There’s No Such Thing As The “Terrible Twos” {Guest Post}

There's no such thing as the terrible two's so what is a parent to do? Try this simple tip. ©FourtoAdore.com

Whoever coined the phrase “terrible twos” must have done so before they were the parent of a three-year old.

Because if the twos are “terrible,” then the “threes” are a nightmare in living color.

At least that was the case in our home, with all three of our children. I hear so many other parents share the same discovery upon the arrival of their first child’s third birthday.

Yes, I think the “terrible twos” are an urban legend.

Because when they’re two, it’s all, “Yes mommy,”

And, “I love you mommy,”

And, “What can I do to please you today mommy?”

And then they turn three, and it’s “No.”

And “You can’t make me.”

And “I don’t love you anymore.”

And “You’re the worst mommy ever!”

And it’s temper tantrums in the aisles of the grocery store.

And non-sensical arguing, 24/7.

And battle time at the dinner table.

And potty training.

(Don’t even get me started on that one.)

I don’t know what happens on the 1,094th day of their sweet little lives, but whatever it is, it’s not good.

It’s as if there’s a switch on their backs. And on the eve of their third birthday, someone dressed for the cover of darkness, and wearing a mask, sneaks into our home while all the chicks are tucked safely into bed, and flips the switch from “angel” to … well, the opposite of that.

And the next day, our whole life changes.

For at least 12 months.

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I remember vividly when my husband, Kory, and I discovered that our sweet little angel of a first-born had made that transition. It revealed itself in a battle of the wills that centered around swallowing food.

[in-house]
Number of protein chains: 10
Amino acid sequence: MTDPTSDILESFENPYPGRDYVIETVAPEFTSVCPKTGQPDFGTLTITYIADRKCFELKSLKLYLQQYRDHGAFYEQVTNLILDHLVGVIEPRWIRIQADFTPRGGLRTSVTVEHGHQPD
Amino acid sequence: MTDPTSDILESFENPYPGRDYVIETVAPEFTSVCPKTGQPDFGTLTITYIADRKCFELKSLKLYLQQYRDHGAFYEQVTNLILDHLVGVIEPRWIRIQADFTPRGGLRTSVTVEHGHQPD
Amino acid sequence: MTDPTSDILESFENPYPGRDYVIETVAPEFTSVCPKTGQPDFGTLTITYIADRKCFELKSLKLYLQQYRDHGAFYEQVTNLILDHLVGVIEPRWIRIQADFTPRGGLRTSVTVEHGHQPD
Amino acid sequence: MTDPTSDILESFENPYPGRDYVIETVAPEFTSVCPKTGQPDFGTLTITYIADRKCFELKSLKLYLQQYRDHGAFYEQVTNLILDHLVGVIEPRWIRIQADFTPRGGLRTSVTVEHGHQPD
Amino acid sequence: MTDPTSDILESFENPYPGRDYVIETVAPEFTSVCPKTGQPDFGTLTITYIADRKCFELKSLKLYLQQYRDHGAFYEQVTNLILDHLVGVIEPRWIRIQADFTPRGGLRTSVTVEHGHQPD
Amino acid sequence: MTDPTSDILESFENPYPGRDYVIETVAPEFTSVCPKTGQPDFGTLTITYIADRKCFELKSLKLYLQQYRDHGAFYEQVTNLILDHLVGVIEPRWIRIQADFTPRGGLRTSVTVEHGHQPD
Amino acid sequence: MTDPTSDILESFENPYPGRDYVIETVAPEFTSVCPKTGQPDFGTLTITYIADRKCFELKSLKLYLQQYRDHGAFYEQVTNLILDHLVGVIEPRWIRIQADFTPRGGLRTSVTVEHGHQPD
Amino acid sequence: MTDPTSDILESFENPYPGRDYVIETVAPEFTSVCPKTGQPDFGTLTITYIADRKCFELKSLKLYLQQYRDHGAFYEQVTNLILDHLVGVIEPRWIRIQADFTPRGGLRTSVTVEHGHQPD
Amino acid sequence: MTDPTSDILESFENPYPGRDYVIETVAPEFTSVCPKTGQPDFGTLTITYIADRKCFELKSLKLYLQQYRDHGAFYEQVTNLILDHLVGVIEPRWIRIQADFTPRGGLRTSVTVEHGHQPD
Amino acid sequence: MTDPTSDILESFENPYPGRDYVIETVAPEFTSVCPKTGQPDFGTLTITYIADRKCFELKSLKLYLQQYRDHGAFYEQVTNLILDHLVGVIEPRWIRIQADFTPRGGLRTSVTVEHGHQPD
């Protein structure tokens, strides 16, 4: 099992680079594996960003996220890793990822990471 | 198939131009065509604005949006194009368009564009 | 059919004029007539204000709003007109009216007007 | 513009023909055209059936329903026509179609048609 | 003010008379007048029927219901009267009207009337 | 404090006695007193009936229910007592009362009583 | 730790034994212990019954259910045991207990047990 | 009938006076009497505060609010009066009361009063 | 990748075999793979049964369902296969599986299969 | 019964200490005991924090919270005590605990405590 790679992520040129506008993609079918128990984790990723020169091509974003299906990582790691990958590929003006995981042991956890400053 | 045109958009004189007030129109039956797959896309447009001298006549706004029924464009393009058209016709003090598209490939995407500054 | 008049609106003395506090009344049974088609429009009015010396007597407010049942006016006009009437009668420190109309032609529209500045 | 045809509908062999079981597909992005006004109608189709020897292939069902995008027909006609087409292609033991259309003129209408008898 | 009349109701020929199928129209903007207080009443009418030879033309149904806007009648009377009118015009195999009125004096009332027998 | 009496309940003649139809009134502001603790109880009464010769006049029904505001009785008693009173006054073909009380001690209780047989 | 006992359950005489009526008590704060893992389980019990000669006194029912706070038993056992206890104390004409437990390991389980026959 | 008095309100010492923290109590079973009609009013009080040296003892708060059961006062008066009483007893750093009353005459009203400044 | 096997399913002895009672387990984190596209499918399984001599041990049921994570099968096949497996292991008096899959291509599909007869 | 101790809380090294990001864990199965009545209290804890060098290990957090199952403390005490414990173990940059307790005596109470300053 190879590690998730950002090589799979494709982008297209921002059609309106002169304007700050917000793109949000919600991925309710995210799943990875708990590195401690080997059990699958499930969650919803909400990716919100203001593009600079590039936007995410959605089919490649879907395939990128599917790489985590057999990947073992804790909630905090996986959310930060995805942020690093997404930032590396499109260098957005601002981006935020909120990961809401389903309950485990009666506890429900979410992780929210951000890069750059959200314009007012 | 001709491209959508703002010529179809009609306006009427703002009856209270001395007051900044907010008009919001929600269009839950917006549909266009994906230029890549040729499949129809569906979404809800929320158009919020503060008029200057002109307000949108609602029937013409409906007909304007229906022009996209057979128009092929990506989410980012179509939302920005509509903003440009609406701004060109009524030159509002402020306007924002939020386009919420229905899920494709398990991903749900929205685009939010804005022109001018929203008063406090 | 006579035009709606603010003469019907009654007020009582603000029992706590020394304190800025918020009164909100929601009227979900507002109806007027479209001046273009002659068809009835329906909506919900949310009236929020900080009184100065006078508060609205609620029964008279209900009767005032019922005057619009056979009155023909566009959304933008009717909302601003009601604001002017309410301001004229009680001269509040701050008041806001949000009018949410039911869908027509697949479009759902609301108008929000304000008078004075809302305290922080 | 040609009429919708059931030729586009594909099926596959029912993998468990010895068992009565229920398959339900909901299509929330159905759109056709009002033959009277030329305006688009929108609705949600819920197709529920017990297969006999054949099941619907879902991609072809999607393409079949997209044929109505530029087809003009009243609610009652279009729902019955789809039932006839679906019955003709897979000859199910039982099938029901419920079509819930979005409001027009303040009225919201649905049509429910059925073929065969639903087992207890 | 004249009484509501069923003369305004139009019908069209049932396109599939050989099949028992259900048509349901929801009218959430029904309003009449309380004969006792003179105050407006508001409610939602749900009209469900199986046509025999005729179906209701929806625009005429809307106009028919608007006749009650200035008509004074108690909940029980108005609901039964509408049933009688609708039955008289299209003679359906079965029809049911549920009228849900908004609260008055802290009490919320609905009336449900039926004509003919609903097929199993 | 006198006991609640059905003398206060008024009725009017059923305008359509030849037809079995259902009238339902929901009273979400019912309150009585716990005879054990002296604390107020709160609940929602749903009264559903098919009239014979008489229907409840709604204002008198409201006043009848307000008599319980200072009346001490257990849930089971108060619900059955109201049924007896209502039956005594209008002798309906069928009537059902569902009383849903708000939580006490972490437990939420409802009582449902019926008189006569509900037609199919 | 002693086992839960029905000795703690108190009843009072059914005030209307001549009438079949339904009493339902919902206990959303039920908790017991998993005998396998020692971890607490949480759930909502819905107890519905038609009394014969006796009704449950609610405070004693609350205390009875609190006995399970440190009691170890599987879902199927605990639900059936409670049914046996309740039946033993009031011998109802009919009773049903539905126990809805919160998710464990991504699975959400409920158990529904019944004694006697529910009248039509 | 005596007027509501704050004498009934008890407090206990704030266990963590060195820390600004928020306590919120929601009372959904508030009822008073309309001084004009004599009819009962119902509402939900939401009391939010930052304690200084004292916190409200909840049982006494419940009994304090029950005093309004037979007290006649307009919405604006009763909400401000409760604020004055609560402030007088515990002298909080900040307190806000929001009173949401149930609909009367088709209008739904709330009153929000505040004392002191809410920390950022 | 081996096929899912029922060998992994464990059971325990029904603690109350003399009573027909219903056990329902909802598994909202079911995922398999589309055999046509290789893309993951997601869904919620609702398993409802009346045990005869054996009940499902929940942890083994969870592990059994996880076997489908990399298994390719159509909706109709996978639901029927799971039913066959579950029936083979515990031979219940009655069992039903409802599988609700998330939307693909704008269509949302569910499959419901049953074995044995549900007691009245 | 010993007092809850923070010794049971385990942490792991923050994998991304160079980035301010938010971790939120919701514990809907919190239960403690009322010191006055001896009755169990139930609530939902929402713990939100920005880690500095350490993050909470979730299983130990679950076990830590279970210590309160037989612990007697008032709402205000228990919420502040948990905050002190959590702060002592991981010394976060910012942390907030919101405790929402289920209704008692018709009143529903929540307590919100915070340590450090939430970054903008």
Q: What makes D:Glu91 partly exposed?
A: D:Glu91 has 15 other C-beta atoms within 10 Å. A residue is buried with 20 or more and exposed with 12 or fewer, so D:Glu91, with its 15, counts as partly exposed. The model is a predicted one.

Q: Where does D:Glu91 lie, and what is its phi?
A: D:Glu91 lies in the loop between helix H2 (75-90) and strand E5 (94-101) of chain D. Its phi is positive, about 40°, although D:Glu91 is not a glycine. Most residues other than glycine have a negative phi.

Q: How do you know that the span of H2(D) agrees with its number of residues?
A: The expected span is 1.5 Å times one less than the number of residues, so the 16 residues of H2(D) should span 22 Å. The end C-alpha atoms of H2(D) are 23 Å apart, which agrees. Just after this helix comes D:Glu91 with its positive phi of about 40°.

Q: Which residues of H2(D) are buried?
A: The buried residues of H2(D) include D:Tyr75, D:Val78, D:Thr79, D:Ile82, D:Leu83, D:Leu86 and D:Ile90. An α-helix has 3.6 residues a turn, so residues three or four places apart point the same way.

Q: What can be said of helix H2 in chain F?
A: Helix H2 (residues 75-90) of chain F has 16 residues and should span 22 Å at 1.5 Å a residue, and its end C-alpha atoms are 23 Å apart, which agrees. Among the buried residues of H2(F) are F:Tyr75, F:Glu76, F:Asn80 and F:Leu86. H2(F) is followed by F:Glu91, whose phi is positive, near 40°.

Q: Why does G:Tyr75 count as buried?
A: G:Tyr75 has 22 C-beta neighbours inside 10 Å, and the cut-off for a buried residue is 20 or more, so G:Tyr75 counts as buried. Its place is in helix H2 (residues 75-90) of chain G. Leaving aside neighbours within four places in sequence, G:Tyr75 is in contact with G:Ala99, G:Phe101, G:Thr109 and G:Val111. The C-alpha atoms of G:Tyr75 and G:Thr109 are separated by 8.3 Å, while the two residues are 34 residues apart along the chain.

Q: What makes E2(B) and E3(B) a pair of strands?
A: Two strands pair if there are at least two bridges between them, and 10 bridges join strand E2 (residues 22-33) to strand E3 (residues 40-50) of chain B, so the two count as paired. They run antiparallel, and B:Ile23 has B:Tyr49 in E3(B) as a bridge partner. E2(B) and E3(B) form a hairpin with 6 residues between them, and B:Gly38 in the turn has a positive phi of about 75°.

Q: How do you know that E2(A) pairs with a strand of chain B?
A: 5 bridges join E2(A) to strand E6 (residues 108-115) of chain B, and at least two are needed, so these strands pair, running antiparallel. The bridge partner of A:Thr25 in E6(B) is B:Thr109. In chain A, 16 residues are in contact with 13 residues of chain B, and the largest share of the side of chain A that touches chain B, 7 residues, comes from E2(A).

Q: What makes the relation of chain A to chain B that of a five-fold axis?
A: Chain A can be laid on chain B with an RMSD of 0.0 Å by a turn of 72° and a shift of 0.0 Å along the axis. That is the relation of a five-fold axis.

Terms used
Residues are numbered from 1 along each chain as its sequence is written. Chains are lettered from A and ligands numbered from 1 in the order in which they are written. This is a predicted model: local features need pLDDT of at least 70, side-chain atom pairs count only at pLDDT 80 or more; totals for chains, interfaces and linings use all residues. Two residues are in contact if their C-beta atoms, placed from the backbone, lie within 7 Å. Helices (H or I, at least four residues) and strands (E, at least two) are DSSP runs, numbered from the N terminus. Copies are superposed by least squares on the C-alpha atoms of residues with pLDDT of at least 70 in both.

We wanted her to.

And she wouldn’t.

For hours at a time, she would hold her food in between her cheeks and her gums.

What in the world?

Were we raising a child or a chipmunk?

We weren’t sure.

It happened day after day, for weeks on end.

And it got so out of hand that we were having to wrestle her to the ground before bedtime to sweep her mouth of whatever food she was storing up for winter so she wouldn’t choke to death in her sleep.

That control battle dominated the scene for weeks and tainted every other interaction we had with our daughter because we were frustrated and exhausted.

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I remember one day in particular.

Kory was working late.

I was pregnant with our first-born son.

And it was dinner time.

It had been a long day, and our daughter had been preparing for hibernation and telling me “no” for most of it. She also wouldn’t put her pee pee in the potty, so I’d cleaned up at least 10 messes on the floor when I could barely reach my toes.

I made her favorite meal for dinner, which she informed me she no longer liked. But with some coaxing, I got her to eat. (Well, I guess that’s what you call it when someone chews up their food and stores it between their cheeks and their gums.)

She had a mouthful of food that she wouldn’t swallow, and it was time for bed.

I was too tired to fight her, so I ignored it, and I took her upstairs for bath, hoping she would swallow her food on her own. But one bath, one story, and one prayer later, the food was still in her mouth. So the time had come when I was going to have to deal with it, whether I wanted to or not.

But when I began to reach towards her mouth to sweep the food out with my fingers, there was no daughter.

There was only Zuul.

The child flipped out, demonstrating some moves I hadn’t yet seen.

And with my pregnant belly in the way, I couldn’t control her. So I carried her flailing body back to the high chair and strapped her in so she couldn’t hurt herself or me.